Tuesday, September 8, 2009

I should really start writing rough drafts of these first...

I should have clarified earlier that weekends, days on which I receive unemployment from the Massachusetts Division of Workforce and Labor Development, and holidays don't count as blogging days.

Most of what I want to talk about pertains to food, as promised. I read an interesting editorial today that again sparked my recent fascination with the link between avoiding processed foods and living better. Articulating that makes it sound so stupid. DUH. Of course "junk" food is bad for you! But that's not what I mean.

Many people don't acknowledge that "whole grain" foods are "processed." General Mills might seem like health food to some in the same way that Quaker granola snacks don't seem like candy bars (they are). We don't just have "junk food" anymore. We have a LOT of food-like substances that we buy and eat because they kind of taste like food and are cheap. Then we take dietary supplements to "fill the gaps."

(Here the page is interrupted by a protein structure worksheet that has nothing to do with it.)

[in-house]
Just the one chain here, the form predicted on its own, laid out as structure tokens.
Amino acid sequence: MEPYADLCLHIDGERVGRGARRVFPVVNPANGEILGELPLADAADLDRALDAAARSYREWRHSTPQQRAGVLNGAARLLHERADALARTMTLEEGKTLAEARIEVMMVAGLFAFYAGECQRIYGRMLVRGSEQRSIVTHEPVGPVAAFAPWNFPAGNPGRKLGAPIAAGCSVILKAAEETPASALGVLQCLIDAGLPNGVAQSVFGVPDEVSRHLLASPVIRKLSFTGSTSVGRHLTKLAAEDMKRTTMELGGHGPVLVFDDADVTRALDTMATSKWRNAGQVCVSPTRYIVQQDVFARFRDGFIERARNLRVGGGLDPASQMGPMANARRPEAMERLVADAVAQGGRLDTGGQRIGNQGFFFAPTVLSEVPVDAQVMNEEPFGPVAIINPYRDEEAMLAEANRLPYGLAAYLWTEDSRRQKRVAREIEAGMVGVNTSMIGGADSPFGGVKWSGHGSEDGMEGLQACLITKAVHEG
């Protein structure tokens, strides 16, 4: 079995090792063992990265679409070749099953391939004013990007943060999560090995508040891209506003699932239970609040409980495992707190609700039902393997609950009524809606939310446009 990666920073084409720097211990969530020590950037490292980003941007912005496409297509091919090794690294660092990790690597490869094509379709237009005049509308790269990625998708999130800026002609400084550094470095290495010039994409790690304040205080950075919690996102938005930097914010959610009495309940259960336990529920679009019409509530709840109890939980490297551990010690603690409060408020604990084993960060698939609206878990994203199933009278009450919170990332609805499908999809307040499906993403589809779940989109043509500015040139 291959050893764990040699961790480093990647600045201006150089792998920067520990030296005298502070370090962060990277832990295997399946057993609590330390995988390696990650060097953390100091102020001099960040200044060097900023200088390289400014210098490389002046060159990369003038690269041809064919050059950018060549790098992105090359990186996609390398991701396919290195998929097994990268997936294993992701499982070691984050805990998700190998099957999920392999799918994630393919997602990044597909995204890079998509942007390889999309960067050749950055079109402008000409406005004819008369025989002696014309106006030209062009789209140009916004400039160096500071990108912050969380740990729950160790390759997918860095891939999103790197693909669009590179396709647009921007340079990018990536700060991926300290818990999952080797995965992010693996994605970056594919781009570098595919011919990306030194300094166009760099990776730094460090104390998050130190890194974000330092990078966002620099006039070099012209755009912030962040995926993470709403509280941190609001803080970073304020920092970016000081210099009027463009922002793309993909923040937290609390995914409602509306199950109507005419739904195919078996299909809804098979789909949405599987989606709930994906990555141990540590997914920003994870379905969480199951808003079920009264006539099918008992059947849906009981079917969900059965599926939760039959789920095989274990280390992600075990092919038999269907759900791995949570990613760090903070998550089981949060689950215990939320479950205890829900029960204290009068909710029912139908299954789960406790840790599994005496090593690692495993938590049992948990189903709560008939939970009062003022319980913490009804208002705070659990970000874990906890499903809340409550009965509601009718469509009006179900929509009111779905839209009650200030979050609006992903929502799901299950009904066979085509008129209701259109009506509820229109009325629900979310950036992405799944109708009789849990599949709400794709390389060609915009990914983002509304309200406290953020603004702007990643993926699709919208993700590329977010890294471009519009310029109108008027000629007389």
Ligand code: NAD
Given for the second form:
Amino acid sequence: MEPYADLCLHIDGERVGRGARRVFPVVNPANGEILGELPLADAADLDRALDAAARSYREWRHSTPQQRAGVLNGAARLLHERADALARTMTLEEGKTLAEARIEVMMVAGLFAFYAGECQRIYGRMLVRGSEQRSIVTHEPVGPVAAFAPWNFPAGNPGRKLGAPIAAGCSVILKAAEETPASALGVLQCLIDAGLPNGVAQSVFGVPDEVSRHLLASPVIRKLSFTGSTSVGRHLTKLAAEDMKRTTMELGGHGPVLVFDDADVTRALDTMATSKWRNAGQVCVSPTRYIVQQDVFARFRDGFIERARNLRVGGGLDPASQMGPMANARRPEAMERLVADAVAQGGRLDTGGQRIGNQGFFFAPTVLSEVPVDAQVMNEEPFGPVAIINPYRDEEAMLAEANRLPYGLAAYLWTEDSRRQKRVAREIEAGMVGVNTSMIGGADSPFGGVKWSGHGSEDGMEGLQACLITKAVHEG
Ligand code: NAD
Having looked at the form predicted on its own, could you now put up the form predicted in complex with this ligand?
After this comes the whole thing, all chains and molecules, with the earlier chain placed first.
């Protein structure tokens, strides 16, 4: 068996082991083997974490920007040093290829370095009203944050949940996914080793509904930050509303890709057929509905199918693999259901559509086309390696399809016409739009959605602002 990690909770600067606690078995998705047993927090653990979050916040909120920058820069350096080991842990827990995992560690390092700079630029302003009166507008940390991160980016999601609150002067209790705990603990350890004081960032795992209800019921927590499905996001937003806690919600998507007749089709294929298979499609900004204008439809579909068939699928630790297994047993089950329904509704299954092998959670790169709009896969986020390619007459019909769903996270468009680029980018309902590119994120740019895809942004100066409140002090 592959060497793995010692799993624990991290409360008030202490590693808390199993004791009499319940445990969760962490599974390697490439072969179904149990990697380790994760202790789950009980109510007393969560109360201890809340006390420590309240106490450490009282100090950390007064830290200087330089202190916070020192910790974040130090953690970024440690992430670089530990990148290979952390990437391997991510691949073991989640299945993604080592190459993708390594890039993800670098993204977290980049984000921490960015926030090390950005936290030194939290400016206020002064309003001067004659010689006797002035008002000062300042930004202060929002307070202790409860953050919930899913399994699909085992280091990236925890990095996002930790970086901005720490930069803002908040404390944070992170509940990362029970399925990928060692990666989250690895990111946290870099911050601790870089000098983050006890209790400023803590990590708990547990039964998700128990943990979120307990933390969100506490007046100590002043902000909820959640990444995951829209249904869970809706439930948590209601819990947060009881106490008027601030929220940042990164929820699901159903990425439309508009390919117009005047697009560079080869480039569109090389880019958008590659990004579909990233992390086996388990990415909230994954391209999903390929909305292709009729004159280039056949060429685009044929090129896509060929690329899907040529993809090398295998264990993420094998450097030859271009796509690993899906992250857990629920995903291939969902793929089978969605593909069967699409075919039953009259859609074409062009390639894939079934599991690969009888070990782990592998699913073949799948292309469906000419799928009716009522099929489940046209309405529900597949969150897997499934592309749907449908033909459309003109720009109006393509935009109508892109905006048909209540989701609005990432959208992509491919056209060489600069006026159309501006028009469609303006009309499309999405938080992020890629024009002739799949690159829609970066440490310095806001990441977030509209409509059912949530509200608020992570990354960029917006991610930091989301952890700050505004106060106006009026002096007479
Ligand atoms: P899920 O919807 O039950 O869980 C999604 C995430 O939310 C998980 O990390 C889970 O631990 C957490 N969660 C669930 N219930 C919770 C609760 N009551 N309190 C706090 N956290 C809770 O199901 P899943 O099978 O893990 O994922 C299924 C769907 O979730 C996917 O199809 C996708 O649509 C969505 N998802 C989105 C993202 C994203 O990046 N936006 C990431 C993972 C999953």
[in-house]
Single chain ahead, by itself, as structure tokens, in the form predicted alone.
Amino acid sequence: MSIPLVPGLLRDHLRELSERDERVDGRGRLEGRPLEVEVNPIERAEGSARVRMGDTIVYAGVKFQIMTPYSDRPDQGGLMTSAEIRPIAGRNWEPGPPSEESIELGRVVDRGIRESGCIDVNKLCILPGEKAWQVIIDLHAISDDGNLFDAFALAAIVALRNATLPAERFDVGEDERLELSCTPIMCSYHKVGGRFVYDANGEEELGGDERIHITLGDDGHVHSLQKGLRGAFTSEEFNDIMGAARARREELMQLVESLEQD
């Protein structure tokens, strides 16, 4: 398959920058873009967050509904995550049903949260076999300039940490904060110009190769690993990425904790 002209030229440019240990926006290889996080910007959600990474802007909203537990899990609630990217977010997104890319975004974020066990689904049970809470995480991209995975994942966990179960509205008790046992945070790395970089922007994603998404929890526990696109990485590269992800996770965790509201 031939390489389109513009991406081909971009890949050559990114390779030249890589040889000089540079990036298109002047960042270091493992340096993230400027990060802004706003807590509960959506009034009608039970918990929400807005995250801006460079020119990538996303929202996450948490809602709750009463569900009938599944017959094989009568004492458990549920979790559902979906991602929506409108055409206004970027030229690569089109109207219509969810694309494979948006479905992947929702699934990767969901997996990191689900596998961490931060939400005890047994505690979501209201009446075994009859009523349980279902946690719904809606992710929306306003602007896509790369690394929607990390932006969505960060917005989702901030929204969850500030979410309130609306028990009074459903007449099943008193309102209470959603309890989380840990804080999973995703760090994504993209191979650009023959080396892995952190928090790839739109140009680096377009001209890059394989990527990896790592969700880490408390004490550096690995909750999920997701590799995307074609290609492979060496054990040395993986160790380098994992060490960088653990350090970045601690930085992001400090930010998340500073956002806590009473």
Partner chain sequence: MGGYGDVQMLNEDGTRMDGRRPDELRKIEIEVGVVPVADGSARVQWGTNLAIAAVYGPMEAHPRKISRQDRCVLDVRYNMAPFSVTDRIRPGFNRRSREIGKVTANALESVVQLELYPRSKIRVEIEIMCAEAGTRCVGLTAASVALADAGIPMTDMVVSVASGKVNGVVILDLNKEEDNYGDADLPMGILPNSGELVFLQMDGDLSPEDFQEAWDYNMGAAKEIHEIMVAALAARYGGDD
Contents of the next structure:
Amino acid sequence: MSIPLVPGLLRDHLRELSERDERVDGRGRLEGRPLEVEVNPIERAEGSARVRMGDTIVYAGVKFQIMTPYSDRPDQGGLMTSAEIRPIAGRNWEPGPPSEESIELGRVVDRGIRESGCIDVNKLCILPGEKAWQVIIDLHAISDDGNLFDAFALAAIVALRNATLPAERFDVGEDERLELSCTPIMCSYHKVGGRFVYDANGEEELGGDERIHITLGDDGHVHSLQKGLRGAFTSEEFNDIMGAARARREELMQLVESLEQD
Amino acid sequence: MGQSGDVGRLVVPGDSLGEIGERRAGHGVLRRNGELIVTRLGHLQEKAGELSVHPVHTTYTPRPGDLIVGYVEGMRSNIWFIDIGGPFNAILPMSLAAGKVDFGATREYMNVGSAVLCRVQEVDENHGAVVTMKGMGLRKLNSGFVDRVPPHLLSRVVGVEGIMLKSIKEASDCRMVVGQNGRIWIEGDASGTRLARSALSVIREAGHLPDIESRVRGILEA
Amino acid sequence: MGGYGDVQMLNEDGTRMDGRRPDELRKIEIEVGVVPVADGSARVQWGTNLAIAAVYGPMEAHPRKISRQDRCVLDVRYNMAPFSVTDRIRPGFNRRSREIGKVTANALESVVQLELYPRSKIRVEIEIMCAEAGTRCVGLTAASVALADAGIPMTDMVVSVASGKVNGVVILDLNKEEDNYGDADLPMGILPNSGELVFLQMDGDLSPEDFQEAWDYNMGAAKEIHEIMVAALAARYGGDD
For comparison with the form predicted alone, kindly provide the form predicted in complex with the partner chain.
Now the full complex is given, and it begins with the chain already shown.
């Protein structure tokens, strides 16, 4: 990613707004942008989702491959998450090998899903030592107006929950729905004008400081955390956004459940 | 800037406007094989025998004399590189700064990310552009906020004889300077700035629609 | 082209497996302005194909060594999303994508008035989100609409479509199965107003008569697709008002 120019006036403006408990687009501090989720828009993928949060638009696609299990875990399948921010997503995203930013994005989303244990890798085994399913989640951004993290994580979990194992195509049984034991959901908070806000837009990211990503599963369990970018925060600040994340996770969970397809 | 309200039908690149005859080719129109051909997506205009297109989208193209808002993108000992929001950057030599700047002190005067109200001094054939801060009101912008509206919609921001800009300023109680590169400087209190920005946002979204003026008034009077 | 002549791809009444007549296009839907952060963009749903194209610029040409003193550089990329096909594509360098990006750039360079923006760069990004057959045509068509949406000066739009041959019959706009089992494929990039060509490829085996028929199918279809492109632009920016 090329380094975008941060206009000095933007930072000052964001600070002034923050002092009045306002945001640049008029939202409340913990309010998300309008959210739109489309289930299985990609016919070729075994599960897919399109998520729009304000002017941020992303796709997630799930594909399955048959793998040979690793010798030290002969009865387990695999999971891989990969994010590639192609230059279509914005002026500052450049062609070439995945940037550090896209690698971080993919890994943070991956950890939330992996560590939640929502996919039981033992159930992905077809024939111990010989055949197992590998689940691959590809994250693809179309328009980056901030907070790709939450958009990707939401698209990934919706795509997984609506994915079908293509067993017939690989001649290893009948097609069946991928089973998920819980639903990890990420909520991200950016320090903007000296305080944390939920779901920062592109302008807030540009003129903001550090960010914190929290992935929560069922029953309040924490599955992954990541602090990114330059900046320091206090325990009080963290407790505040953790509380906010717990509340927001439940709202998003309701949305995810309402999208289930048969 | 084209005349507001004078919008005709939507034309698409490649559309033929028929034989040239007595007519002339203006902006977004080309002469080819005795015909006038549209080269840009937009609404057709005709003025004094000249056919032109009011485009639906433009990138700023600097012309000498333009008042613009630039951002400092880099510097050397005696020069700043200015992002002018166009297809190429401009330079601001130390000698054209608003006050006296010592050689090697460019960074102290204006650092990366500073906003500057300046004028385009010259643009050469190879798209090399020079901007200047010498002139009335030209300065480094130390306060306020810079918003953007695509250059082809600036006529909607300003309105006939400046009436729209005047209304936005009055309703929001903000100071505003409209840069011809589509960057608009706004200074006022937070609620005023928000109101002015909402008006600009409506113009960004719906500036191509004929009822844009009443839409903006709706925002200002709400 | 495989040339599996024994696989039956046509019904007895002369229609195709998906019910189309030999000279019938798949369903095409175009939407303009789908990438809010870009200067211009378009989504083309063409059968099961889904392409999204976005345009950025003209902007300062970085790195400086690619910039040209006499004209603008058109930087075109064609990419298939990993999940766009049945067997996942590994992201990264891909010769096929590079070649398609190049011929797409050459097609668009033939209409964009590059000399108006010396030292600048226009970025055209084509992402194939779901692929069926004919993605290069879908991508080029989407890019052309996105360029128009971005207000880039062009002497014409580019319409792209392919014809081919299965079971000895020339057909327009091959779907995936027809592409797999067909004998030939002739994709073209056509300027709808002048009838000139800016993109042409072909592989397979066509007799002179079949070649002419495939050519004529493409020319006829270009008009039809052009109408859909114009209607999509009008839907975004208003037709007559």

I actually saw this very dietary philosophy advertised in a PediaSure commercial recently. In it, a mom stands in her kitchen playfully rolling her eyes and shrugging to her audience about how her "picky eater" of a kid had to start drinking PediaSure "after her diet began to affect her growth and development." Really? Want to know how to make sure your kid eats right? MAKE THEM. Don't give them animal crackers if they won't eat carrots. Let her go hungry until she eats the carrots. I was a nanny for 7 years. I've fed angels, demons, and the spawn of Satan himself. Eventually, the kid takes the carrot. Human beings are built to eat when they are hungry. If your kid is willing to eat animal crackers but not dinner, she's never experienced hunger. And now you're going to give her all kinds of behavioral disorders because your failing to show her boundaries (which is really what she wants) and she'll trudge through life listless, untrusting, and likely a binge-eating kelptomaniac. But I digress.